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style="background: #F8EABA; text-align: center;" colspan="2" | Identifiers
CAS number 1210-83-9
PubChem 903
MeSH N-Acetylserotonin N-Acetylserotonin
SMILES Script error: No such module "collapsible list".
style="background: #F8EABA; text-align: center;" colspan="2" | Properties
Molecular formula C12H14N2O2
Molar mass 218.252 g/mol
Except where noted otherwise, data are given for materials in their standard state (at 25 °C, 100 kPa)
Infobox references

N-Acetylserotonin (NAS), also known as normelatonin, is a naturally-occurring chemical intermediate in the endogenous production of melatonin from serotonin.[1][2] It is produced from serotonin by the enzyme aralkylamine N-acetyltransferase (AANAT) and is converted to melatonin by acetylserotonin O-methyltransferase (ASMT). Like melatonin, NAS is an agonist at the melatonin receptors MT1, MT2, and MT3, and may be considered to be a neurotransmitter.[3][4][5][6] In addition, NAS is distributed in some areas of the brain where serotonin and melatonin are not, suggesting that it may have unique central duties of its own instead of merely functioning as a precursor in the synthesis of melatonin.[3]

Recently, NAS has been shown to act as a potent TrkB receptor agonist, while serotonin and melatonin are not.[3] It produces robust antidepressant, neuroprotective, and neurotrophic effects that are TrkB-mediated.[3] In addition, AANAT knockout mice which lack NAS display significantly greater immobility times versus control mice in assays of depression like the forced swim test.[3]

NAS may also play a major role in the antidepressant effects of selective serotonin reuptake inhibitors (SSRIs) and monoamine oxidase inhibitors (MAOIs).[3] The SSRI fluoxetine and the MAO-A inhibitor clorgyline upregulate AANAT indirectly through serotonergic mechanisms and thereby increase NAS levels after chronic administration, and this correlates with the onset of their antidepressant effects.[3][7] Furthermore, light exposure inhibits the synthesis of NAS and reduces the antidepressant effects of MAOIs.[3] These data strongly support a role for NAS in mood regulation and in antidepressant-induced therapeutic benefits.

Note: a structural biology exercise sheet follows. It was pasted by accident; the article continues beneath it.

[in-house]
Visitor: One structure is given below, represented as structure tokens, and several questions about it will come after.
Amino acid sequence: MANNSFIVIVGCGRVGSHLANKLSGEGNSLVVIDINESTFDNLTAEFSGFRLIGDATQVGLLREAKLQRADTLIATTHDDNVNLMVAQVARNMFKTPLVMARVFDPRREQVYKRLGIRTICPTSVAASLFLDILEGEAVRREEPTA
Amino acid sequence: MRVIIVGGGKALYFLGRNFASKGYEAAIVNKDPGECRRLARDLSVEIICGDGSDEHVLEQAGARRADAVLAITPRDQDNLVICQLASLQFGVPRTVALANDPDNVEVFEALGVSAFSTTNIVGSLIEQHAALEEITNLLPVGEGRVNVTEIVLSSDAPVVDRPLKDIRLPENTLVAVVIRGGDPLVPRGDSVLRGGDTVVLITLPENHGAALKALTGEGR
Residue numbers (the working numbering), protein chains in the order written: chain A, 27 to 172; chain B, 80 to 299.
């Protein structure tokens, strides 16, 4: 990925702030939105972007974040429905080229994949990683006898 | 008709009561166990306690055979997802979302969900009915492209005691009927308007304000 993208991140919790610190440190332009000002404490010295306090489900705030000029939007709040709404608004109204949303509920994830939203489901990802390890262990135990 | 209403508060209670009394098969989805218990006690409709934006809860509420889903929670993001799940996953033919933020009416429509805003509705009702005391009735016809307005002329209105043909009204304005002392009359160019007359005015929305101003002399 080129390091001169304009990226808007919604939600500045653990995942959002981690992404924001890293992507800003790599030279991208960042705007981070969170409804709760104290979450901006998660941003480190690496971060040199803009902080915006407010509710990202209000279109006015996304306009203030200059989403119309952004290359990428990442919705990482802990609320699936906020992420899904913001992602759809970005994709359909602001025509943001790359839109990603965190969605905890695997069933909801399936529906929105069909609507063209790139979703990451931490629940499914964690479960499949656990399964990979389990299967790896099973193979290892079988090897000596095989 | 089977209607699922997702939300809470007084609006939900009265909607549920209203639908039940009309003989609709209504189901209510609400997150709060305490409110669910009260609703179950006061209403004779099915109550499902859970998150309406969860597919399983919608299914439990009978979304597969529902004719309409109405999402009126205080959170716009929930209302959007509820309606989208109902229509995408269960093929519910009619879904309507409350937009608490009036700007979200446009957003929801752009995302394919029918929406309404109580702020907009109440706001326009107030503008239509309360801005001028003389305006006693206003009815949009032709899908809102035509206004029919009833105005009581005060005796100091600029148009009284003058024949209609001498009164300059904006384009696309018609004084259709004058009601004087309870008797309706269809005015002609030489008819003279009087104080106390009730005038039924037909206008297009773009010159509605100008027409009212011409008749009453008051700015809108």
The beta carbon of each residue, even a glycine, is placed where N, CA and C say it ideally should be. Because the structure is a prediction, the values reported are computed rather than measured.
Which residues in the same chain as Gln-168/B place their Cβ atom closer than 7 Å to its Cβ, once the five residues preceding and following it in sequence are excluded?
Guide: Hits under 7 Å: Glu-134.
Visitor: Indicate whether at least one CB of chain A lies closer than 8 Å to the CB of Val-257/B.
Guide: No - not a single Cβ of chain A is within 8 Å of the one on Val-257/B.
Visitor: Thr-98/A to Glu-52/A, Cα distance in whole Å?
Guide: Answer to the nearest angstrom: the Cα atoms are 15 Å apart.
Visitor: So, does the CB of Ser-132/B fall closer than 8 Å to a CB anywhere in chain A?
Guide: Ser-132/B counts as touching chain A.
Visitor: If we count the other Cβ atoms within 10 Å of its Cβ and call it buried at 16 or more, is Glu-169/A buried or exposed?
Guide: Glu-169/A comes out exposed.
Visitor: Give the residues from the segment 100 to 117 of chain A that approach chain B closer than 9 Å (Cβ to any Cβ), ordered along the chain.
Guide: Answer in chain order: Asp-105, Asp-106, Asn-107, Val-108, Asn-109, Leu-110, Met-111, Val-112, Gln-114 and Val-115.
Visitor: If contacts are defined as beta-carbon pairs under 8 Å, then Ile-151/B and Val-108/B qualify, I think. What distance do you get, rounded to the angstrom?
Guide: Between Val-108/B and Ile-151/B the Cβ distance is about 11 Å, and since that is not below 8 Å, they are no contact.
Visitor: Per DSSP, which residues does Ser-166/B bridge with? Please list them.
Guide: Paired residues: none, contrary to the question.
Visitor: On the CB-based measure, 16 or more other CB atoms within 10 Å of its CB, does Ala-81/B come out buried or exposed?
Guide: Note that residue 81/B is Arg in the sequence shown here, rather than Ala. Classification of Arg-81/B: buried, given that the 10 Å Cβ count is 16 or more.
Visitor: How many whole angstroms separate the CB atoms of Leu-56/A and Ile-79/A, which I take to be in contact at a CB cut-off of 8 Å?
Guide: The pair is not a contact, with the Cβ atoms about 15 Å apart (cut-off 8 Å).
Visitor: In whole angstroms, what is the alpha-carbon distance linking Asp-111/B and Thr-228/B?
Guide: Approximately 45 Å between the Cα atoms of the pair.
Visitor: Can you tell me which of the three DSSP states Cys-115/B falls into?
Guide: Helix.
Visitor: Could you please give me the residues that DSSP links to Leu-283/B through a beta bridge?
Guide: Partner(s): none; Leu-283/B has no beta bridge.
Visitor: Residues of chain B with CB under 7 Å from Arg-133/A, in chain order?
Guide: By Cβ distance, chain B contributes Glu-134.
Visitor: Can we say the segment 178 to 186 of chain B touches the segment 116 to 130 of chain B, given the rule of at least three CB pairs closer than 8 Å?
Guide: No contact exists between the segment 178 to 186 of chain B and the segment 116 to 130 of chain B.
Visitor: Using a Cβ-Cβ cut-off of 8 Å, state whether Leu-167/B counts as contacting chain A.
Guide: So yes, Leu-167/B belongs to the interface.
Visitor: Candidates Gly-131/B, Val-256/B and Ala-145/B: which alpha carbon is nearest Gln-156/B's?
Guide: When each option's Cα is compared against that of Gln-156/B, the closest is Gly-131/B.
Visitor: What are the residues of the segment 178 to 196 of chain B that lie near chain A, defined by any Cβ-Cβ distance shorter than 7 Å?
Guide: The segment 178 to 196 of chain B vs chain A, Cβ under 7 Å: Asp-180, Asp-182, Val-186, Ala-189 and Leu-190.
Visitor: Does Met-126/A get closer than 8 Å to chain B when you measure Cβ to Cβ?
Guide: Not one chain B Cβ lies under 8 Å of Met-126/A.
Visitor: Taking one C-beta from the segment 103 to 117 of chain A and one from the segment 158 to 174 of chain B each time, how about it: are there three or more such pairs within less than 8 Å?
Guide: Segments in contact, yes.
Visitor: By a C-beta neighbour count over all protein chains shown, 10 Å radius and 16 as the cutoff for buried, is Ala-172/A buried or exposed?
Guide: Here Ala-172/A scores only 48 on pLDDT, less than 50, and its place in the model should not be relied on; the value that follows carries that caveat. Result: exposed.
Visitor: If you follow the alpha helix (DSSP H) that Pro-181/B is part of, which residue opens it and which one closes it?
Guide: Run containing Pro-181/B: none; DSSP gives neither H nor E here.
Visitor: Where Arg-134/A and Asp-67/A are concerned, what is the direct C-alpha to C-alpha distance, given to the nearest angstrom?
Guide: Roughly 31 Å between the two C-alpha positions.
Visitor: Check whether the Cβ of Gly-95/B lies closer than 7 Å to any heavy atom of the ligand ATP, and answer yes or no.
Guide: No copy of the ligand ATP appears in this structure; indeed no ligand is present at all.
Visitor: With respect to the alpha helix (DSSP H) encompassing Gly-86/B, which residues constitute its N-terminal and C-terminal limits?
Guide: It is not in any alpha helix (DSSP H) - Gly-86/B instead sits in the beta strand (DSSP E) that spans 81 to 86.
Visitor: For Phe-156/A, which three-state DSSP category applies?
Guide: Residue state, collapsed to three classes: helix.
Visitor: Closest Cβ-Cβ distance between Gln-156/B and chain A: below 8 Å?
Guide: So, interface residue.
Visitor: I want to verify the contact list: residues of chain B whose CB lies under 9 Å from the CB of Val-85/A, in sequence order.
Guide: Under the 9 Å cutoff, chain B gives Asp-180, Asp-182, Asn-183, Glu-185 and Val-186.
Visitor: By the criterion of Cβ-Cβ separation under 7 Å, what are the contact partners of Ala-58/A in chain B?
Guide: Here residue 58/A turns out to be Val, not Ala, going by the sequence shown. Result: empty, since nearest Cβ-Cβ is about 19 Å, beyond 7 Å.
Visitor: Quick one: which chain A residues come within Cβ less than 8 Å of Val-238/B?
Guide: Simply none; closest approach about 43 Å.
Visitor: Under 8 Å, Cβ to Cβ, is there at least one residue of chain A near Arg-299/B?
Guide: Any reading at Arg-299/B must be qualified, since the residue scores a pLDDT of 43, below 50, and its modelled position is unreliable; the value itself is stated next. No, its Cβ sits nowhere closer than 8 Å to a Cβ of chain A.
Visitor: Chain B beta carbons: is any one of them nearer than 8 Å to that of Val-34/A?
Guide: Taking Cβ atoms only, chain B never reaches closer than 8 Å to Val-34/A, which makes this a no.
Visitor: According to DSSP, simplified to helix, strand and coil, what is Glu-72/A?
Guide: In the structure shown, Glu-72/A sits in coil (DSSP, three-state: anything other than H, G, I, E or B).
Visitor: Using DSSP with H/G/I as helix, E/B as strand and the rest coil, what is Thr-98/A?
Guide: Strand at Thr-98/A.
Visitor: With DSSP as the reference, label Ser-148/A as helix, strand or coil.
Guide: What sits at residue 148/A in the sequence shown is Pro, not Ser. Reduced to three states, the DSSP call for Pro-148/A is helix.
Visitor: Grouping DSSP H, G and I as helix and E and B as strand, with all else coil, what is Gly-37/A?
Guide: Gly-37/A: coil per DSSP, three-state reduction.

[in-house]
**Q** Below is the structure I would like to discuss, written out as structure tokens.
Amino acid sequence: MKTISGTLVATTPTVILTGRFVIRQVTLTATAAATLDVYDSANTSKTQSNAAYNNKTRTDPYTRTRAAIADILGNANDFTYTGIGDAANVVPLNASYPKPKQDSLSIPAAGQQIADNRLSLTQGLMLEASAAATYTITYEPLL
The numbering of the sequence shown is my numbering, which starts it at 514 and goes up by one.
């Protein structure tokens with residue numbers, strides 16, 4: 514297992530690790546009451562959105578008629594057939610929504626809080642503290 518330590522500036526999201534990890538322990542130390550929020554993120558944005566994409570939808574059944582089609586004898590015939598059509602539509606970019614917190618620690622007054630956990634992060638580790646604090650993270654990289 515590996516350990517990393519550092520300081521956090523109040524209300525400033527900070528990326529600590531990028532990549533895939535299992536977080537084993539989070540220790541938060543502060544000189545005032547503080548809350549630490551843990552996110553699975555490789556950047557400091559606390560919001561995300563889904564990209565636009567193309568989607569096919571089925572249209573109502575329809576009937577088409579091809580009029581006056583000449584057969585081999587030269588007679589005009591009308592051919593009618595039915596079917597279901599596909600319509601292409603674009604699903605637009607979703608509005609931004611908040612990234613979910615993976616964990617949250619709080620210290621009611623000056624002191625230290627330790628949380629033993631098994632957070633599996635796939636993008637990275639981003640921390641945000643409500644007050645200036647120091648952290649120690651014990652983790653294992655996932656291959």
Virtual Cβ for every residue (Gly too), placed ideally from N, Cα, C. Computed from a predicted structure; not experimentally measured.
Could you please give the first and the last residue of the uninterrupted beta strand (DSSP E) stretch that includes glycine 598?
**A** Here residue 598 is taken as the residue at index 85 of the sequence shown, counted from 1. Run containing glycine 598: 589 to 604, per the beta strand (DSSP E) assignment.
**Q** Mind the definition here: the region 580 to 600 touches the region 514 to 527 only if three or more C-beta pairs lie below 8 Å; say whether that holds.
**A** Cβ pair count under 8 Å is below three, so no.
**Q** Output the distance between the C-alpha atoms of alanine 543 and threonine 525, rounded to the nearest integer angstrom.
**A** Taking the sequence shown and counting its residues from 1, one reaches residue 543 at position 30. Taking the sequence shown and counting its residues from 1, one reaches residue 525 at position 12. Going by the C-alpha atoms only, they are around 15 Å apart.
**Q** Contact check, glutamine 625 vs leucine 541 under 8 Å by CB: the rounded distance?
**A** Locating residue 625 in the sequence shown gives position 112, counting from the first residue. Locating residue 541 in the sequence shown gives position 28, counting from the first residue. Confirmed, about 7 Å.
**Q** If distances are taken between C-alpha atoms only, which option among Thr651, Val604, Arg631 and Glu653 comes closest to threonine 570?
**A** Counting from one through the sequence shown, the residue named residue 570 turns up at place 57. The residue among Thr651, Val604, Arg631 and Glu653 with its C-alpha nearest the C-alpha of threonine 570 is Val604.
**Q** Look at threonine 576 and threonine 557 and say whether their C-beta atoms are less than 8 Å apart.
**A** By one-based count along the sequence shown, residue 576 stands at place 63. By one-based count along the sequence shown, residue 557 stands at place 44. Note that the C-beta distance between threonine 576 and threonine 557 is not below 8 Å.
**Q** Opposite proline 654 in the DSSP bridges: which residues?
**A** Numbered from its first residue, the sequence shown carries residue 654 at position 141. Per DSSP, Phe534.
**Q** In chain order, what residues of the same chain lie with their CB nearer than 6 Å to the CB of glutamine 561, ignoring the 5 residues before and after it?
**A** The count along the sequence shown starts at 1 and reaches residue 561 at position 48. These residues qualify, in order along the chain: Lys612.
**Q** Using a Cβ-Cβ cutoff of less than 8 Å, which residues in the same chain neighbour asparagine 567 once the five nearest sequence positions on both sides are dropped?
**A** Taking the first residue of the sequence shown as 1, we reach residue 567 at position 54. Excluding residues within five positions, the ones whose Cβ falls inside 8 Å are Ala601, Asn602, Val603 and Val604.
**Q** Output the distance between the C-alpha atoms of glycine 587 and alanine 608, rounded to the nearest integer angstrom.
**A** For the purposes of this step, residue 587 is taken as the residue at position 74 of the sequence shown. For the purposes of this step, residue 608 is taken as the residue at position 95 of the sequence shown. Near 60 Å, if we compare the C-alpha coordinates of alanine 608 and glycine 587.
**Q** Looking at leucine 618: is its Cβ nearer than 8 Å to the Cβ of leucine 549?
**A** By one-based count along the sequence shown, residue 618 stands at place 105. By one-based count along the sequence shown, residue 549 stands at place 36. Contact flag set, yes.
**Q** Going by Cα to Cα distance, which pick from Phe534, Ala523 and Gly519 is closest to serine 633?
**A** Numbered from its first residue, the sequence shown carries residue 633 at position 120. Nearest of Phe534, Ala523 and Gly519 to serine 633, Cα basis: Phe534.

Through a currently unidentified mechanism, NAS may be the cause of the orthostatic hypotension seen with clinical treatment of MAOIs as well.[8][7] It reduces blood pressure in rodents and pinealectomy (the pineal gland being a major site of NAS and melatonin synthesis) abolishes the hypotensive effects of clorgyline.[8][7] Why orthostatic hypotension is commonly seen with MAOIs but not SSRIs (both of which increase NAS levels), however, is unknown.

See also


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  7. 7.0 7.1 7.2 Oxenkrug GF (1999). "Antidepressive and antihypertensive effects of MAO-A inhibition: role of N-acetylserotonin. A review". Neurobiology (Budapest, Hungary). 7 (2): 213–24. PMID 10591054. 
  8. 8.0 8.1 Oxenkrug GF (1997). "[N-acetylserotonin and hypotensive effect of MAO-A inhibitors]". Voprosy Medit͡sinskoĭ Khimii (in Russian). 43 (6): 522–6. PMID 9503569.